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Review: ‘The Boy Who Danced On Air’ Musical Remains Earthbound

The Boy Who Danced on Air

By Christopher Caggiano, Contributing Writer, June 8, 2017

Off-Broadway musicals this season have been tackling some seriously downbeat subject matter. Ride the Cyclone focused on a group of teenagers who die in a roller-coaster tragedy. Kid Victory centered around a young man who was kidnapped and kept for months as a sex slave. Then there were Hadestown and Joan of Arc: Into the Fire: a literal descent into Hell and a leading character literally burnt at the stake.

Of course, musicals can be about absolutely anything, but you have to have the chops to do your story justice, the right conditions, and a major dose of kismet. Otherwise your reach may exceed your grasp, as was true of pretty much every musical listed above, except for Hadestown, which was thrilling.

The new musical The Boy Who Danced on Air, presented through June 11th by the Abingdon Theatre Company at the June Havoc Theatre, mines similar narrative territory to Kid Victory, if only marginally more successfully.

The Boy Who Danced on Air centers around on bacha bazi, a traditional practice in Afghanistan wherein wealthy married men purchase young boys from poor families. The men train and keep the boys as dancers, entertaining the men and their male friends, but also use and trade the boys as sexual slaves. The supposed idea behind the practice is to allow the man to “satisfy his needs while remaining faithful to his wife,” according to one line from the show.

Troy Iwata in 'The Boy Who Danced On Air;' photo: Maria Baranova.

Troy Iwata in ‘The Boy Who Danced On Air;’ photo: Maria Baranova.

Composer Tim Rosser and librettist Charlie Sohne became intrigued with the subject after watching a Frontline documentary called “The Dancing Boys of Afghanistan.” It’s particularly fascinating to contemplate, and to attempt to reconcile, the harshly homophobic views that these men espouse, alongside the hypocritical practice of these men using boys for their sexual gratification.

Sadly, Rossner and Sohne leave that hypocrisy mostly unexplored. They’re far more interested in the love story between two of the dancing boys, which is fine. But the authors also, inexplicably, include a distracting subplot about American corruption involving a boondoggle power plant that the Americans have built but never intend to make operational in a bid to show the media that they are accomplishing something in rebuilding the country.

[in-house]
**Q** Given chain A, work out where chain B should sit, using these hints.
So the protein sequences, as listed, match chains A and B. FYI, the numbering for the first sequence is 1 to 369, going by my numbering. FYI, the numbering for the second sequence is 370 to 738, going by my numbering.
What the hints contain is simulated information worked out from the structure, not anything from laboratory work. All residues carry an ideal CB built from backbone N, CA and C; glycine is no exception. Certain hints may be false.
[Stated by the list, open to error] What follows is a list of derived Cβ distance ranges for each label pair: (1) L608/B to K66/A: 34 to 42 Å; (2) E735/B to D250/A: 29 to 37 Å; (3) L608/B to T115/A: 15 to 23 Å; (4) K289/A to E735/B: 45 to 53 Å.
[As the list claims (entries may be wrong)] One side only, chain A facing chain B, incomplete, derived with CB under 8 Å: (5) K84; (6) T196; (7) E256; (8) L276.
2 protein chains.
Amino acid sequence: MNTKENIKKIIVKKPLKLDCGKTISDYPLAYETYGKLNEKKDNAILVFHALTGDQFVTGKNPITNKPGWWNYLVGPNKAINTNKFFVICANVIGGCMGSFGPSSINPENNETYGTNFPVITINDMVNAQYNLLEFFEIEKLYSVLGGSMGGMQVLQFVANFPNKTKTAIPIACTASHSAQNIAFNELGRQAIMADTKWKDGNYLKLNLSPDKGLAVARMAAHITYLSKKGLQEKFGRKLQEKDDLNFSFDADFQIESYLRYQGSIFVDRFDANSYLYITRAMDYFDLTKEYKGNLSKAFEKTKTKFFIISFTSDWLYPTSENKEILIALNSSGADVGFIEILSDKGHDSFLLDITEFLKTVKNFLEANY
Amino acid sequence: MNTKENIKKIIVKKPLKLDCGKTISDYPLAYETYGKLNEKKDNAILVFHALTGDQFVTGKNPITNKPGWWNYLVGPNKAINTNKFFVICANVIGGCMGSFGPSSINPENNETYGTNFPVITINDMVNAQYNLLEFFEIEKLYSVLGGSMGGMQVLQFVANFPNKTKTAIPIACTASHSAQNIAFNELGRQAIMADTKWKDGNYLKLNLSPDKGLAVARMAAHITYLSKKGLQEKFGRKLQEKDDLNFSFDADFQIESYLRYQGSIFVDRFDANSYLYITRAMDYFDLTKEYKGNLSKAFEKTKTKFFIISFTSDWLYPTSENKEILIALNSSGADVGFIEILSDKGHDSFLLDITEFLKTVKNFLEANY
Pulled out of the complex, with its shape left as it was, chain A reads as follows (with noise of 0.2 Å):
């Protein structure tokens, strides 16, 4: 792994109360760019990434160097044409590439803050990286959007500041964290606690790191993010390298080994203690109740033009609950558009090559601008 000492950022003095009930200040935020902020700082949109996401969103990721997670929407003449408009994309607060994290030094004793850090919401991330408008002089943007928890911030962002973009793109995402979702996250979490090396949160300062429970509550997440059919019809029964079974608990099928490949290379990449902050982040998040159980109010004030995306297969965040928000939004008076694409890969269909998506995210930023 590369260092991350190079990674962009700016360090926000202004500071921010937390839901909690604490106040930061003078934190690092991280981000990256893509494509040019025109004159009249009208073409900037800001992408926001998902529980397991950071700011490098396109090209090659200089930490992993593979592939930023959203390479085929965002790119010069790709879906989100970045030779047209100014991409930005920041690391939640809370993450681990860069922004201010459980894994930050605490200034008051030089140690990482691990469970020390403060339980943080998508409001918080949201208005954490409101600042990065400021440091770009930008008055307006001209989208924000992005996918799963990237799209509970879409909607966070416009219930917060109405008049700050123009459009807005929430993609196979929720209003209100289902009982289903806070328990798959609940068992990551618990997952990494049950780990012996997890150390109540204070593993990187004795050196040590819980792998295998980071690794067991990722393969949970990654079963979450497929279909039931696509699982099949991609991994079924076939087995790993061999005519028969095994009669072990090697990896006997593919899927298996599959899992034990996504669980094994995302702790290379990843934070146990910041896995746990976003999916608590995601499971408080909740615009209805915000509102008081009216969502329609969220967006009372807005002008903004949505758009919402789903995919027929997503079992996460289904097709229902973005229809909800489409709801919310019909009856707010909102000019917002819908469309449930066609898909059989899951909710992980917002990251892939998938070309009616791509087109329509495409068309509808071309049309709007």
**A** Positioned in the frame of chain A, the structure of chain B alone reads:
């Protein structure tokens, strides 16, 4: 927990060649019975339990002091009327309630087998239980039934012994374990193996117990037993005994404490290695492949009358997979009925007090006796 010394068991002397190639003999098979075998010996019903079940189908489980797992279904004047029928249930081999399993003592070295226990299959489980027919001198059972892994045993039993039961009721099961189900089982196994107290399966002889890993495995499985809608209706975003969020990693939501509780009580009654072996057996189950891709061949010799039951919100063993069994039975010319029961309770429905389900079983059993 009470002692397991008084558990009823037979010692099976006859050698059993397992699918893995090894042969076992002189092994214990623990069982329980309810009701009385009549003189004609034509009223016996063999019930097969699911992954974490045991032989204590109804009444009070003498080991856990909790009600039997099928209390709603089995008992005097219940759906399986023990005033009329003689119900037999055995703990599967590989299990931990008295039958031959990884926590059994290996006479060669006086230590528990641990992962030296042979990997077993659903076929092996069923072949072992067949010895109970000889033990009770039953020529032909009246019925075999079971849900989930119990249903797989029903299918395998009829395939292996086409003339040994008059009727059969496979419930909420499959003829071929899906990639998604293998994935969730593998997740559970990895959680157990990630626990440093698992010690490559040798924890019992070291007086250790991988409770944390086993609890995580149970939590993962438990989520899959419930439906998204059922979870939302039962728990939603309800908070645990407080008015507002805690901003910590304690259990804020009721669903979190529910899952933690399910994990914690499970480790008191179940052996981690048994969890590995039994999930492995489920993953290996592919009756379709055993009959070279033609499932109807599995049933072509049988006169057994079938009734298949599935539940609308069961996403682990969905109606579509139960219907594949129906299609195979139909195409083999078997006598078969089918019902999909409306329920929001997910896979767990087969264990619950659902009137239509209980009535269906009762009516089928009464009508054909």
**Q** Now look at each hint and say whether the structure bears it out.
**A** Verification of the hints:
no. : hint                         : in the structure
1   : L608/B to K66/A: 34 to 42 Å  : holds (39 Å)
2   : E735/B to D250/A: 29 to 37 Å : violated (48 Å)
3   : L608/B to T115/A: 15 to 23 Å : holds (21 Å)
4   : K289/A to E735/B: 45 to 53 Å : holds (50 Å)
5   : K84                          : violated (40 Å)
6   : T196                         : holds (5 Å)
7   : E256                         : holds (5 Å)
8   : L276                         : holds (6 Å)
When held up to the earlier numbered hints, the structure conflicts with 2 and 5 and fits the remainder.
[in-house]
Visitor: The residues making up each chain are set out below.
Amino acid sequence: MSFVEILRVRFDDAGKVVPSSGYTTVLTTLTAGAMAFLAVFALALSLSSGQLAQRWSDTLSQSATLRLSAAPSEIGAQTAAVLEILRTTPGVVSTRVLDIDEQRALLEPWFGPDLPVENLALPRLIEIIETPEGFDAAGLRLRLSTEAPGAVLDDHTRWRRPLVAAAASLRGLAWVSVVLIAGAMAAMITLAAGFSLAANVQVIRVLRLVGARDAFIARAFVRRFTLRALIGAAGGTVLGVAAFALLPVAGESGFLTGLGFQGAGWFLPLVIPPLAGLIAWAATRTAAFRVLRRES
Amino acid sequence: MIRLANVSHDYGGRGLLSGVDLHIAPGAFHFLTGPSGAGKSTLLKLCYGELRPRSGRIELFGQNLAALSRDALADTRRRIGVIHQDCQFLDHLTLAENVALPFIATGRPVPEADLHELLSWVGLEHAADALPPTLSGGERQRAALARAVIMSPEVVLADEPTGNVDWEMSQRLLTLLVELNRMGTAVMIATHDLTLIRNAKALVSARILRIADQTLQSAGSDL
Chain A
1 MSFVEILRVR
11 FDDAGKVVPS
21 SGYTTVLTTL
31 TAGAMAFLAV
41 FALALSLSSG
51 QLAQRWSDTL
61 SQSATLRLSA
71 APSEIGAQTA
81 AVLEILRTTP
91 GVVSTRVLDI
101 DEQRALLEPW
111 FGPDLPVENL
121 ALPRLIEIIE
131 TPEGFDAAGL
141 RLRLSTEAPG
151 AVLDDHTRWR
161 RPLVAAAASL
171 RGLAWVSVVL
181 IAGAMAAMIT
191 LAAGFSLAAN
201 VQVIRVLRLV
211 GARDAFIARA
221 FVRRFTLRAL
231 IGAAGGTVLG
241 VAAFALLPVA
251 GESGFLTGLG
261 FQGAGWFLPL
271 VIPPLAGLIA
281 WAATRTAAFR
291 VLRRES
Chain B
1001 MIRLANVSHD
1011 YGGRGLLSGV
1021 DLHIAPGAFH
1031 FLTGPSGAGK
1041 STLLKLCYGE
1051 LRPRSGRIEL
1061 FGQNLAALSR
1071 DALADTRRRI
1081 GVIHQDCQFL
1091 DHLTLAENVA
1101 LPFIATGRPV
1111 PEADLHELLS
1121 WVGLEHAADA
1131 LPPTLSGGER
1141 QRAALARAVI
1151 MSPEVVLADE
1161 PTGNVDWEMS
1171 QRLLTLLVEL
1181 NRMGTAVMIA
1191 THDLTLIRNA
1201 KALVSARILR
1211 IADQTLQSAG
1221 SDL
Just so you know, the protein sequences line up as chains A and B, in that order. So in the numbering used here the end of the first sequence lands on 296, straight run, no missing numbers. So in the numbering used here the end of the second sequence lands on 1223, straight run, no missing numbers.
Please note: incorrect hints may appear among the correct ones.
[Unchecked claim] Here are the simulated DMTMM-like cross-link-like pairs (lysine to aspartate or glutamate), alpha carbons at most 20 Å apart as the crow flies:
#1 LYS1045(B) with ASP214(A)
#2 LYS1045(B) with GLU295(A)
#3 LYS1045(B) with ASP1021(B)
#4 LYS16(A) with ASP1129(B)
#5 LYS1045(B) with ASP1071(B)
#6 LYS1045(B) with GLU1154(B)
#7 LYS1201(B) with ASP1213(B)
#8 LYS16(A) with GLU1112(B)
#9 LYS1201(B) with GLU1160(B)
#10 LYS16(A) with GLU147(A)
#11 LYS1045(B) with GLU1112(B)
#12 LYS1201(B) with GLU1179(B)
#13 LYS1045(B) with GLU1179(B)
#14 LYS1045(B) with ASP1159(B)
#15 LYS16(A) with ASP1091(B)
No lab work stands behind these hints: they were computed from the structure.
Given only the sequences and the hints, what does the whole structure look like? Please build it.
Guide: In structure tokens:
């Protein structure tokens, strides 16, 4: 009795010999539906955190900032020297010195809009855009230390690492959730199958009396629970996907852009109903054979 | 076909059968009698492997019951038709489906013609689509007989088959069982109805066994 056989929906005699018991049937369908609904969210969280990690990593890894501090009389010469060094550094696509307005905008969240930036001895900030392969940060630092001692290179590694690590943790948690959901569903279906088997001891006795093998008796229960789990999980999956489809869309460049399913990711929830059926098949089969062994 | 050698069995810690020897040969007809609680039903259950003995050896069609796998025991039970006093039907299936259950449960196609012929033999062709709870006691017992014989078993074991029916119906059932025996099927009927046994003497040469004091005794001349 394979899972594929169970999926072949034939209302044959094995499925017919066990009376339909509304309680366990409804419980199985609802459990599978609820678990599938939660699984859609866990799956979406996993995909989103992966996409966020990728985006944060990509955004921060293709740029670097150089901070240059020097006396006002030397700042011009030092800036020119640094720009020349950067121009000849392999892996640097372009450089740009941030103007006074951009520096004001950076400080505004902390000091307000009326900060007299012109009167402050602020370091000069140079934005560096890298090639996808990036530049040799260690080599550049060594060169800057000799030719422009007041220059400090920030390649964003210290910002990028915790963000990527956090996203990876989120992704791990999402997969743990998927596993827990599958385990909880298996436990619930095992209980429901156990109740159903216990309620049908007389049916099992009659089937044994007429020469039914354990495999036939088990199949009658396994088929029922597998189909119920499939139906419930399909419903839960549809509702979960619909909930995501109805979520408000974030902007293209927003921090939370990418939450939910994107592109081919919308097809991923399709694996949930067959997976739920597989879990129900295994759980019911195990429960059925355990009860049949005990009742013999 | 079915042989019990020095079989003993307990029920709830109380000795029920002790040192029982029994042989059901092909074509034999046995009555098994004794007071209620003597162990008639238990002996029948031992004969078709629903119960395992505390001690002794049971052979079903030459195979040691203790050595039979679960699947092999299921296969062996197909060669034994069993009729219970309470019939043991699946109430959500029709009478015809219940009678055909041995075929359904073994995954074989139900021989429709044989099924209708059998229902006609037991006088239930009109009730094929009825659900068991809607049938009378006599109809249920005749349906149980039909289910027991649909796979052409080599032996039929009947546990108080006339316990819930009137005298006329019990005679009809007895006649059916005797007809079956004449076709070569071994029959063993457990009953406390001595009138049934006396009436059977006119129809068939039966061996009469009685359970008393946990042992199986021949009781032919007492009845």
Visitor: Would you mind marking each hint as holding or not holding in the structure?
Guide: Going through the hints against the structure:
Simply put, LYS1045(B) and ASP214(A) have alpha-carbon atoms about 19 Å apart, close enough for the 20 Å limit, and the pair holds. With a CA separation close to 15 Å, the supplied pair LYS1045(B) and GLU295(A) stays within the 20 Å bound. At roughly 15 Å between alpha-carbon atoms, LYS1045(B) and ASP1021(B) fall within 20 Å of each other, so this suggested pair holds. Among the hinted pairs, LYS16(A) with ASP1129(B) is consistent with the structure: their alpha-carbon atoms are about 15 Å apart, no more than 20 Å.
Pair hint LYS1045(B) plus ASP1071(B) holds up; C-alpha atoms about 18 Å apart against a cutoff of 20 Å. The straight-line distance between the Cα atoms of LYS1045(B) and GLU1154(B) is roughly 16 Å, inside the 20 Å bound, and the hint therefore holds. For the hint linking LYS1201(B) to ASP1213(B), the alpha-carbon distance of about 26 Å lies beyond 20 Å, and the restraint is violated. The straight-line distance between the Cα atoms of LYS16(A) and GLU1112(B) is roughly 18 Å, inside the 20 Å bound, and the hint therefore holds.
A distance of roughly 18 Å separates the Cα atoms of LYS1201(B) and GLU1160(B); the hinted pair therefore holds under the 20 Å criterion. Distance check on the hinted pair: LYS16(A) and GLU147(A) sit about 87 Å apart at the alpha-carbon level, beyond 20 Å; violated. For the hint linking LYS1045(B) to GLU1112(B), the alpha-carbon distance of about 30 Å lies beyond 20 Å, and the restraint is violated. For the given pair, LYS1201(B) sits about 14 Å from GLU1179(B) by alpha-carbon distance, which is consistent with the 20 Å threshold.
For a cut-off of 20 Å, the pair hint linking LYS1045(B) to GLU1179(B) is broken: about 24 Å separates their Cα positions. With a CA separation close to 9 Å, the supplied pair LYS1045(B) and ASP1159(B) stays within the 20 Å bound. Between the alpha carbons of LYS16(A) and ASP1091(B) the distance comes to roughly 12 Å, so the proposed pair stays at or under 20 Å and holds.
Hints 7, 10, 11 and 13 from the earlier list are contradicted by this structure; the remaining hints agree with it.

This narrative thread was clearly intended to add depth to the character of Jahandar, master of the central dancing boy in the story, Paiman. But all this accomplishes, at least as the show is currently written, is to make Jahandar a jarringly bifurcated character: harsh and dogmatic in his dealings with Paiman, but unconvincingly noble in his efforts to expose the Americans.

All of this might have worked had Sohne’s book had a little more poetry in it, a bit more subtlety. But the dialogue and the emotions therein feel as though rendered with a trowel versus a paint brush. Plus, there’s the portentous presence of an unnamed narrator whose identity is hiding in plain sight.

Sohne and Rossner’s songs have an authentic, idiomatic sound to them, and yet are rendered in a cozily familiar musical theater style. Rossner’s music has great melodic appeal, and Sohne’s lyrics show incipient craft. But for some reason, the pair don’t give Paiman much to sing in act one, which makes it harder to identify with his struggles with the dictates of his master.

For a show that uses dance as a metaphor for transcending one’s circumstances, there seems to be an insufficient amount of Nejla Yatkin’s choreography. That said, one major highlight of the show comes during the second act, when Troy Iwata as Paiman does a soul-stirring dance after being cruelly and intentionally hobbled by Jahandar.

Iwata, indeed, seems to be a young performer worth watching. He brings a wonderful believability and vulnerability to Paiman, and has an outstanding singing voice (even if it’s inflected with a bit too many pop mannerisms for my personal taste). The rest of the cast feels oddly stilted, particularly Nikhil Saboo, smug and artificial as Feda, another dancing boy, and Paiman’s love interest.

Still, there’s enough here to make me wish Sohne and Rossner could take another crack at the show, shed the corruption subplot, delve deeper into the central relationships, and find the tender and resonant show that’s at the core of their story.

 

 

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The Boy Who Danced On Air at the Abingdon Theatre Arts Complex. Running time: two hours and twenty minutes with one intermission. Through June 11, 2017. Music by Tim Rosser; book and lyrics by Charlie Sohne. Directed by Tony Speciale; choreography by Nejla Yatkin; scenic design by Christopher Swader and Justin Swader; costume design by Andrea Lauer; lighting design by Wen-Ling Liao; sound design by Justin Graziani. Cast: Osh Ghanimah, Troy Iwata, Deven Kolluri, Jonathan Raviv and Nikhil Saboo.

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Cover: Deven Kolluri, Jonathan Raviv, Nikhil Saboo and Osh Ghanimah in ‘The Boy Who Danced On Air;’ photo: Maria Baranova.


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